With the issuance of the Muscle Cars (Forever®) stamps, the U.S. Postal Service celebrates five iconic automobiles: the 1966 Pontiac GTO, the 1967 Shelby GT-500, the 1969 Dodge Charger Daytona, the 1970 Plymouth Hemi ‘Cuda, and the 1970 Chevelle SS. Each of these cars represents the adventurous spirit of the muscle-car era. Fast, powerful, and eye-catching, muscle cars roared their way onto America’s roads in the 1960s. Typically equipped with big, powerful engines, the five high-performance vehicles depicted on the stamps represent the era’s adventurous spirit.
1969 Dodge Charger Daytona
Designed to dominate the racetrack, the outrageously styled 1969 Dodge Charger Daytona was powered by a standard 440-cubic-inch, 375-horsepower Magnum engine. A limited number of Daytonas came equipped with a 426-cubic-inch Hemi, a race-inspired engine. The car also featured multiple additions designed to boost aerodynamics, including a nearly two-foot tall, rear-mounted wing. Other signature touches included thick body stripes containing the word “DAYTONA.” The 1969 Dodge Charger Daytona was distinctive and rare; only 503 were produced.
1966 Pontiac GTO
Available as a hardtop, coupe, or convertible, the GTO—which was propelled by a 335-horsepower, V8 engine—could really move. “The Goat,” as the GTO was known, ushered in the American muscle-car era in the mid-1960s. In tests, it went from 0 to 60 miles per hour in 6.8 seconds. The distinctive car featured curvy Coke-bottle styling and a split grille. Initially offered simply as an option on the Tempest LeMans, the GTO became its own model in 1966. That model year, sales of the GTO peaked.
1967 Shelby GT-500
Manufacturer and former racecar driver Carroll Shelby’s version of the Ford Mustang was powered by a 428-cubic-inch, 355-horsepower Police Interceptor engine. The car also featured a rear spoiler and dealer-installed LeMans stripes as an option. The Shelby GT-500 was both striking and rare; only 2,048 were built. A customized or original version of the 1967 Shelby GT-500 has appeared in contemporary movies and magazines, rekindling American pop culture’s fascination with the model.
1970 Chevelle SS
With features like optional twin racing stripes and a black grille, the Chevelle SS looked fierce. The car featured a 396-cubic-inch engine, but an optional 454-cubic-inch engine really gave the model credibility among muscle car enthusiasts. Two versions of the 454 engine were available: the 360-horsepower LS-5 and the 450-horsepower LS-6. For its power, the latter has become legendary among car buffs. Available as a coupe or a convertible, the Chevelle SS featured emblems on the grille and the rear bumper.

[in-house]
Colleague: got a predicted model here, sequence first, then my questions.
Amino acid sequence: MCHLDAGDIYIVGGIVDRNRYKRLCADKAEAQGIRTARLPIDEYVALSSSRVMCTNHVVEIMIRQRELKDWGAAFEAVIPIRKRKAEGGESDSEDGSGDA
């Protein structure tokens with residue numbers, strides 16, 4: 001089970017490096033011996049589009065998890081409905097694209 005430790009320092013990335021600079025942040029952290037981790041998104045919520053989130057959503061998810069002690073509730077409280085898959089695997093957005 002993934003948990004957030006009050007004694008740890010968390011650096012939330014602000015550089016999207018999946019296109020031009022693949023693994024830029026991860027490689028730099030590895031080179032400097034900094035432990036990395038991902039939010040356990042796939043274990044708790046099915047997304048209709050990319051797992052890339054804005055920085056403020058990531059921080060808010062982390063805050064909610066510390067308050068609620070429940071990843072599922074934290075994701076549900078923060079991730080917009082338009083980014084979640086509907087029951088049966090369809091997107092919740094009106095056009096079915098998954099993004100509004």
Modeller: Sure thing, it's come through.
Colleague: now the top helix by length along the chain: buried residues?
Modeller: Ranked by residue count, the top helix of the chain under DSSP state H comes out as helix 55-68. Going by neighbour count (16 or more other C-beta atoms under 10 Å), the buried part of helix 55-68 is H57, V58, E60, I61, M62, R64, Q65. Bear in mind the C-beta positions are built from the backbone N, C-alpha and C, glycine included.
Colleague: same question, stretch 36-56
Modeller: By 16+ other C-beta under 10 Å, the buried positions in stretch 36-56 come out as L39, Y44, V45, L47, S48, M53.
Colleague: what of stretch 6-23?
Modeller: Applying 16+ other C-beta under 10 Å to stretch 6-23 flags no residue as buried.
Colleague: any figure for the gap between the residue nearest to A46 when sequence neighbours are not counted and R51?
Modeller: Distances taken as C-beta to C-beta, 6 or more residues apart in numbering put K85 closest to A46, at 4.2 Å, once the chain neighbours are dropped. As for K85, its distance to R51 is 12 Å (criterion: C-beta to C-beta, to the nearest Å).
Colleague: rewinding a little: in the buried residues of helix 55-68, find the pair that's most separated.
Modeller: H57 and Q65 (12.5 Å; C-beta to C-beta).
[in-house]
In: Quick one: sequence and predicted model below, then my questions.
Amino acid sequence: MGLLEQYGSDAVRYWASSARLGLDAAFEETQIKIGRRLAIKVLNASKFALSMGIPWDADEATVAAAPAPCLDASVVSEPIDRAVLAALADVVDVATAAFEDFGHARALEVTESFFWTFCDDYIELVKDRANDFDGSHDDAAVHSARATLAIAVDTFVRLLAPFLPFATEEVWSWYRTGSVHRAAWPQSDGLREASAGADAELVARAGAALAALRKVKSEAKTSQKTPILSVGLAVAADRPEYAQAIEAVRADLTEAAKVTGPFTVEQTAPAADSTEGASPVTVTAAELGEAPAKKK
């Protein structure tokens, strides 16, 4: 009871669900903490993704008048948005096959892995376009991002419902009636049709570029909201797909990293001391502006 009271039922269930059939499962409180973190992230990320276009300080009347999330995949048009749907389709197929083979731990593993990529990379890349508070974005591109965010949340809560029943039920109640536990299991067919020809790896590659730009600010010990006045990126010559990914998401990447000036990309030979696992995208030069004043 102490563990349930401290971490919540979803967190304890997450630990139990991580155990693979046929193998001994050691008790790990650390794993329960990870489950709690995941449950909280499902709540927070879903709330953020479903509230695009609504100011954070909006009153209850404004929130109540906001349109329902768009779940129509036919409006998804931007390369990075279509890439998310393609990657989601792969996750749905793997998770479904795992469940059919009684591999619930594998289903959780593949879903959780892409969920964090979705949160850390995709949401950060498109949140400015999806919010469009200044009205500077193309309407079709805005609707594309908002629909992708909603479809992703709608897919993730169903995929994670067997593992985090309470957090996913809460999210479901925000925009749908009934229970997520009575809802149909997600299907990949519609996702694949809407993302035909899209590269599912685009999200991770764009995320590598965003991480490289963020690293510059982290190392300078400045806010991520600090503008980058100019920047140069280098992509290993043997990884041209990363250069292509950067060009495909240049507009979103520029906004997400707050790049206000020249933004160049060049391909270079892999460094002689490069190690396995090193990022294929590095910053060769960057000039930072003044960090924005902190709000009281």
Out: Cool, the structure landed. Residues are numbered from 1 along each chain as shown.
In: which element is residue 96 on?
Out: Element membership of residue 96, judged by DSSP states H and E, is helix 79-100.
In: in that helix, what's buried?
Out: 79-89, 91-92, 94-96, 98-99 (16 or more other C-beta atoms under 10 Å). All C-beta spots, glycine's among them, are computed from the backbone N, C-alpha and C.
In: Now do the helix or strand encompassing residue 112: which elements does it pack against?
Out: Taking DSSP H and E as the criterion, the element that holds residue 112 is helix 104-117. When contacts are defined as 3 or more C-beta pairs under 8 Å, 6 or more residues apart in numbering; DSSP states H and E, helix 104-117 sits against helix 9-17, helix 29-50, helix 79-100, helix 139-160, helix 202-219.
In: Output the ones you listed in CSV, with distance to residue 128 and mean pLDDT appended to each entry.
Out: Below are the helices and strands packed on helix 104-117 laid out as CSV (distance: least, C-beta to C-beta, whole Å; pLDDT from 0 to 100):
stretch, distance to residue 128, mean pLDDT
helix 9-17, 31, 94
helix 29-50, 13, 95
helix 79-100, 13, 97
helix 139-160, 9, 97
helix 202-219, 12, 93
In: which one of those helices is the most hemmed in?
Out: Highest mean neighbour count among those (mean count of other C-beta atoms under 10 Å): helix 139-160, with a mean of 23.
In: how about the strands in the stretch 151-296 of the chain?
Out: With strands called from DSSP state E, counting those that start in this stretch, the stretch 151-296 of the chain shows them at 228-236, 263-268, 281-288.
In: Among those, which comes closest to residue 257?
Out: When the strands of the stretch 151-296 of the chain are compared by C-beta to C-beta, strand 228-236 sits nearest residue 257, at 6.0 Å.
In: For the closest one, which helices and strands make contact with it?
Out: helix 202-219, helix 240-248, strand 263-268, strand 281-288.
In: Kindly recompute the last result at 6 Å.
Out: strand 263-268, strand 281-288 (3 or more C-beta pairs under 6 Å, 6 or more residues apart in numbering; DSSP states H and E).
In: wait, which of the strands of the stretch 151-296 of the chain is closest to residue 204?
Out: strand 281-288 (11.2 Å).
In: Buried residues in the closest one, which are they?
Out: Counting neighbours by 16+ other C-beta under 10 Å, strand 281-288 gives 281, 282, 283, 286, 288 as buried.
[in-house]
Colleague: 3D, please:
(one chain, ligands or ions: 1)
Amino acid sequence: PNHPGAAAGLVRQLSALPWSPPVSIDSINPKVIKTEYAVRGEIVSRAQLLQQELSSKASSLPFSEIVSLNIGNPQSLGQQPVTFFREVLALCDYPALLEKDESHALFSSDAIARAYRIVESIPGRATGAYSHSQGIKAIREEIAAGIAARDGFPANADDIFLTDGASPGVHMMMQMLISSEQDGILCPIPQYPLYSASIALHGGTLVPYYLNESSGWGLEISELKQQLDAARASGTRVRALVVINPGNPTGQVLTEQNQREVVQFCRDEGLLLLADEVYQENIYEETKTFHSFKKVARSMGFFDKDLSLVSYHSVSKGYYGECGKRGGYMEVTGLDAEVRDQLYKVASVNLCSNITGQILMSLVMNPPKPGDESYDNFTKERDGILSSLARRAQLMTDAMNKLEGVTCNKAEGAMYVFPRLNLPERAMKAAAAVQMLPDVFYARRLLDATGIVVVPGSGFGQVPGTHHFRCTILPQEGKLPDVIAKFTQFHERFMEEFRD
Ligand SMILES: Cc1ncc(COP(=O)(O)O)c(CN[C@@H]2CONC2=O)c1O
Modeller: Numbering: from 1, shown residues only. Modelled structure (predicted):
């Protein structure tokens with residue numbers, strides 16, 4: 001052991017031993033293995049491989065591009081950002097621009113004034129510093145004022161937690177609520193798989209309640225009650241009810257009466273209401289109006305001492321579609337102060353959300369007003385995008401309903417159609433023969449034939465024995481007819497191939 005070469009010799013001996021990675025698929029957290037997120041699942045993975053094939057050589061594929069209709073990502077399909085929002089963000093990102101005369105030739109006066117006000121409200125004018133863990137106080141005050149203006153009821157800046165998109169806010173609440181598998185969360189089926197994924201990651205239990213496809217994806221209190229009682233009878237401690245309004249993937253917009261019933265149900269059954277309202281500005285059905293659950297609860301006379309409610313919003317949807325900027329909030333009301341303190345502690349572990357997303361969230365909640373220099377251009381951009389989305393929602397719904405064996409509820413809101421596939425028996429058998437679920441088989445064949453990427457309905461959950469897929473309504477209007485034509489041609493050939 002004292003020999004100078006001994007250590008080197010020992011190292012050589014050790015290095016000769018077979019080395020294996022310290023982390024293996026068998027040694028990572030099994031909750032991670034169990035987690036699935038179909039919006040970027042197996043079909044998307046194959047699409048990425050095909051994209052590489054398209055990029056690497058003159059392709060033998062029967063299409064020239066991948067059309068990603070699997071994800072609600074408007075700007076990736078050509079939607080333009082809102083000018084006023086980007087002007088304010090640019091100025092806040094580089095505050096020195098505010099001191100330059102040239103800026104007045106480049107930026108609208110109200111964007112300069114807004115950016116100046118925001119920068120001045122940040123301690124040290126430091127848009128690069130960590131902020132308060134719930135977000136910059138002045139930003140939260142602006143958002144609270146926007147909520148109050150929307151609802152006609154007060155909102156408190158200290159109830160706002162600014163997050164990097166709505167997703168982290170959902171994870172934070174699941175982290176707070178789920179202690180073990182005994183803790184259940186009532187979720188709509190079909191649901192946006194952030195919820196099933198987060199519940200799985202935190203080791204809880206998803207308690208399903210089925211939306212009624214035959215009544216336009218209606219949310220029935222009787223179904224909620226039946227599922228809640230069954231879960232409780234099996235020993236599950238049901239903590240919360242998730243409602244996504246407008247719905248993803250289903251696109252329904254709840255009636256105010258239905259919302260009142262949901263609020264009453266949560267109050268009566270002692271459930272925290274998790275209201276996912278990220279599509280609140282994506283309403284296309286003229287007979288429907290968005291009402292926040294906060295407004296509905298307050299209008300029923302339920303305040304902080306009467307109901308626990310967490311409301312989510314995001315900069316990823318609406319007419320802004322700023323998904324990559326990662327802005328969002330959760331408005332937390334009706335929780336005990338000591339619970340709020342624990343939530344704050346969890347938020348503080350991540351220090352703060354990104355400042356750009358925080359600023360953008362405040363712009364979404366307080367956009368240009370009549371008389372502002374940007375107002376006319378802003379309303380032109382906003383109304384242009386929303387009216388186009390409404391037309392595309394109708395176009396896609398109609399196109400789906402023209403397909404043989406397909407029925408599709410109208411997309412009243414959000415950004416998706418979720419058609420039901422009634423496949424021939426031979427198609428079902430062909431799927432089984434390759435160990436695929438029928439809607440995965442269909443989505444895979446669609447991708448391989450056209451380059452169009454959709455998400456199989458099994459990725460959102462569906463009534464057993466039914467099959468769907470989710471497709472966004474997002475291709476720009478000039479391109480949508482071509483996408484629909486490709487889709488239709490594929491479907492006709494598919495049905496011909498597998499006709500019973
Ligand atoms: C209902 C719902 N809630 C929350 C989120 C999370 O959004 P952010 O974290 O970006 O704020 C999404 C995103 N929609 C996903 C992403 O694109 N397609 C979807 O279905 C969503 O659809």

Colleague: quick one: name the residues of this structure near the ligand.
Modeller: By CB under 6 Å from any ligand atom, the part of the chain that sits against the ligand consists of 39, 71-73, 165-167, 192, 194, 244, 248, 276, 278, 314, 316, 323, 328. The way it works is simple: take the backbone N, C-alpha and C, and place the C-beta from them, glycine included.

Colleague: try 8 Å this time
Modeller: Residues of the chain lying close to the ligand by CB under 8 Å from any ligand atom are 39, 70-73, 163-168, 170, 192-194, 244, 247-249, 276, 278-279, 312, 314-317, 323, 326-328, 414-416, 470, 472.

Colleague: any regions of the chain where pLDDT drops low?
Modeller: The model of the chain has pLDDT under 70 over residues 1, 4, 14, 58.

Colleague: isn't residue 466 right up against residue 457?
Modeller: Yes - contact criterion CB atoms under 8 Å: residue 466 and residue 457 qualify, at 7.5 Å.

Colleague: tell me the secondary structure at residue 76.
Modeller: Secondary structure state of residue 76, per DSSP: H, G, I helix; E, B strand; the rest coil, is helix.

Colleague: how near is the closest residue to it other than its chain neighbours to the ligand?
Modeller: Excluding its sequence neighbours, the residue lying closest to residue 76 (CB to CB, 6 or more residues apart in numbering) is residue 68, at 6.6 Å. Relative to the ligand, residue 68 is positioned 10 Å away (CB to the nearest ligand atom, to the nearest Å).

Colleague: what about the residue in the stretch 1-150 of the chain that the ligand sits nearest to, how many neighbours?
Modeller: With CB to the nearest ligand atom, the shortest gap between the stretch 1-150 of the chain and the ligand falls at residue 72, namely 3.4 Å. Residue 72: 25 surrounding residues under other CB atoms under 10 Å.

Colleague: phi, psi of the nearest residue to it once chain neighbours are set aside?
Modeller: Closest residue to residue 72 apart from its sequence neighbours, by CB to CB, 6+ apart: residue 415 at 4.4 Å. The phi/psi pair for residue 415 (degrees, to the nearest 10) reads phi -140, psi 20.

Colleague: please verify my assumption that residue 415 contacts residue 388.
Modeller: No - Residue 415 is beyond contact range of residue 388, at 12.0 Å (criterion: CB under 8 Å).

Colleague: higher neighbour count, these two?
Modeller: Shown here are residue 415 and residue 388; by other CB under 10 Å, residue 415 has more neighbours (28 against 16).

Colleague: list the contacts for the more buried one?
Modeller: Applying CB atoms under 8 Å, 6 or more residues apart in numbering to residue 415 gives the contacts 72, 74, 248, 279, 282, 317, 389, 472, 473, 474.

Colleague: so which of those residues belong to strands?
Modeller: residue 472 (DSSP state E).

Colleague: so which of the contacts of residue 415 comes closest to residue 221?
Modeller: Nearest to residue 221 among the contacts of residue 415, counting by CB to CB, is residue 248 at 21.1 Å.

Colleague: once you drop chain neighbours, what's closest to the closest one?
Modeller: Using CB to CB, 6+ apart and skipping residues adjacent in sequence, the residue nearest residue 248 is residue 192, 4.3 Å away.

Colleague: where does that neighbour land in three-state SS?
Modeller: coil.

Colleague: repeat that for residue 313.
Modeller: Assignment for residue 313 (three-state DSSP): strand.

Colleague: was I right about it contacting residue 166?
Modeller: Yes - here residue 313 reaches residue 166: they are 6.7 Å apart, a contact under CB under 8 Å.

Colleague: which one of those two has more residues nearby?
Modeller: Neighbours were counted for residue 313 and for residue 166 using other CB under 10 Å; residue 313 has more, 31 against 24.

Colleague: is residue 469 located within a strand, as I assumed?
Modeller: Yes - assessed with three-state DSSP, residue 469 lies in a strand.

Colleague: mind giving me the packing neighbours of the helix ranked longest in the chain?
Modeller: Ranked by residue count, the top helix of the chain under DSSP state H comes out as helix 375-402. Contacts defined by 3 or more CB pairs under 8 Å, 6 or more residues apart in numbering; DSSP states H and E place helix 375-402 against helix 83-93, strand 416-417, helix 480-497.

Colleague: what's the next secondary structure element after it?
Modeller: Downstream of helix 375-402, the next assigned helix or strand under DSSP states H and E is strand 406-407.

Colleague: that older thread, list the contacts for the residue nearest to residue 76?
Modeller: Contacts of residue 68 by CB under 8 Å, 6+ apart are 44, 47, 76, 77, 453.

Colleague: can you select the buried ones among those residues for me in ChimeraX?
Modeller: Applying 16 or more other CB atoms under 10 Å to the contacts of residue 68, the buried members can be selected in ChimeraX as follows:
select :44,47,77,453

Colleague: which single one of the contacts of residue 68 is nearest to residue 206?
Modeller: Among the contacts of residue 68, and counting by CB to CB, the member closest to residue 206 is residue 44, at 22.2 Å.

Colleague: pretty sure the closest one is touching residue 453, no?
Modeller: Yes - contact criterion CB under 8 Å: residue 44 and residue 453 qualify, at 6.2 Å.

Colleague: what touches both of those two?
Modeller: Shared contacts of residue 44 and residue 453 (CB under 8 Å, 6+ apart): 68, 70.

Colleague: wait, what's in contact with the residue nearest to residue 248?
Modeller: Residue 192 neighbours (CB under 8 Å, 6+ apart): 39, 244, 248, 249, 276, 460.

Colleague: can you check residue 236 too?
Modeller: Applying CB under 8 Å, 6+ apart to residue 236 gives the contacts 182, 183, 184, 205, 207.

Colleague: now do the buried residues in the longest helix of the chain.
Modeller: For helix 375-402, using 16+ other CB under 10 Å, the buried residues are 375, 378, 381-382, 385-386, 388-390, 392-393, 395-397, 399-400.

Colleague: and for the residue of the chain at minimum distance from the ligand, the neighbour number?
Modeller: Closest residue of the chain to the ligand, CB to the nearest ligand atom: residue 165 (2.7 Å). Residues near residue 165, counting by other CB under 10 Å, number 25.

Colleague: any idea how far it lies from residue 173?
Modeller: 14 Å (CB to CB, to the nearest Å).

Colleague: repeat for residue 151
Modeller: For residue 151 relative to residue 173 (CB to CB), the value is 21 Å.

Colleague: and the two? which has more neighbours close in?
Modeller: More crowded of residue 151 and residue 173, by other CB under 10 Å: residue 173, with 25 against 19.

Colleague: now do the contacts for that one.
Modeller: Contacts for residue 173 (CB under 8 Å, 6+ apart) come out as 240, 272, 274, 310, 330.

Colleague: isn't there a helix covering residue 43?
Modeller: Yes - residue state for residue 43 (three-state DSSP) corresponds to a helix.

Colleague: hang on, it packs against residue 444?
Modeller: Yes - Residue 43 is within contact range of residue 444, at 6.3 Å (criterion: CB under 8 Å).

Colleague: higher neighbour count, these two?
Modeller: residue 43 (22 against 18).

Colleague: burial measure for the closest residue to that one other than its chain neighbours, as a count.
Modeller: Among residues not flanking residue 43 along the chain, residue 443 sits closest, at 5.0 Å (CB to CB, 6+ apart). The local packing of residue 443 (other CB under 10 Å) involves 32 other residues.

1970 Plymouth Hemi ‘Cuda
The Hemi ‘Cuda, the performance-oriented alter-ego of the standard 1970 Plymouth Barracuda, oozed power. The car’s 426-cubic-inch Hemi engine was a 425-horsepower beast. The Hemi ‘Cuda was “our angriest, slipperiest-looking body shell wrapped around ol’ King Kong hisself,” one Plymouth advertisement bellowed. The Hemi ‘Cuda’s styling was an extension of the car’s bold ethos. It was available in several eye-popping color choices, such as Lemon Twist, Lime Light, and Vitamin C. Fewer than 700 Hemi ‘Cudas were produced.
Artist Tom Fritz based his artwork on photographs of the cars. Fritz said he used bright-colored oil paints on hardboard to try to “capture the emotive quality of the vehicles.” Growing up in Southern California, Fritz became familiar with the power of muscle cars. The paintings, Fritz added, are “a projection of my memories of the vehicles.”
Muscle Cars is the third issuance in the America on the Move series. The stamps were designed by art director Carl T. Herrman. The first issuance in the series, 50s Sporty Cars (2005), was followed by 50s Fins and Chrome (2008). The Muscle Cars stamps are being issued as Forever® stamps in self-adhesive sheets of 20 (4 of each design). Forever stamps are always equal in value to the current First-Class Mail one-ounce rate.
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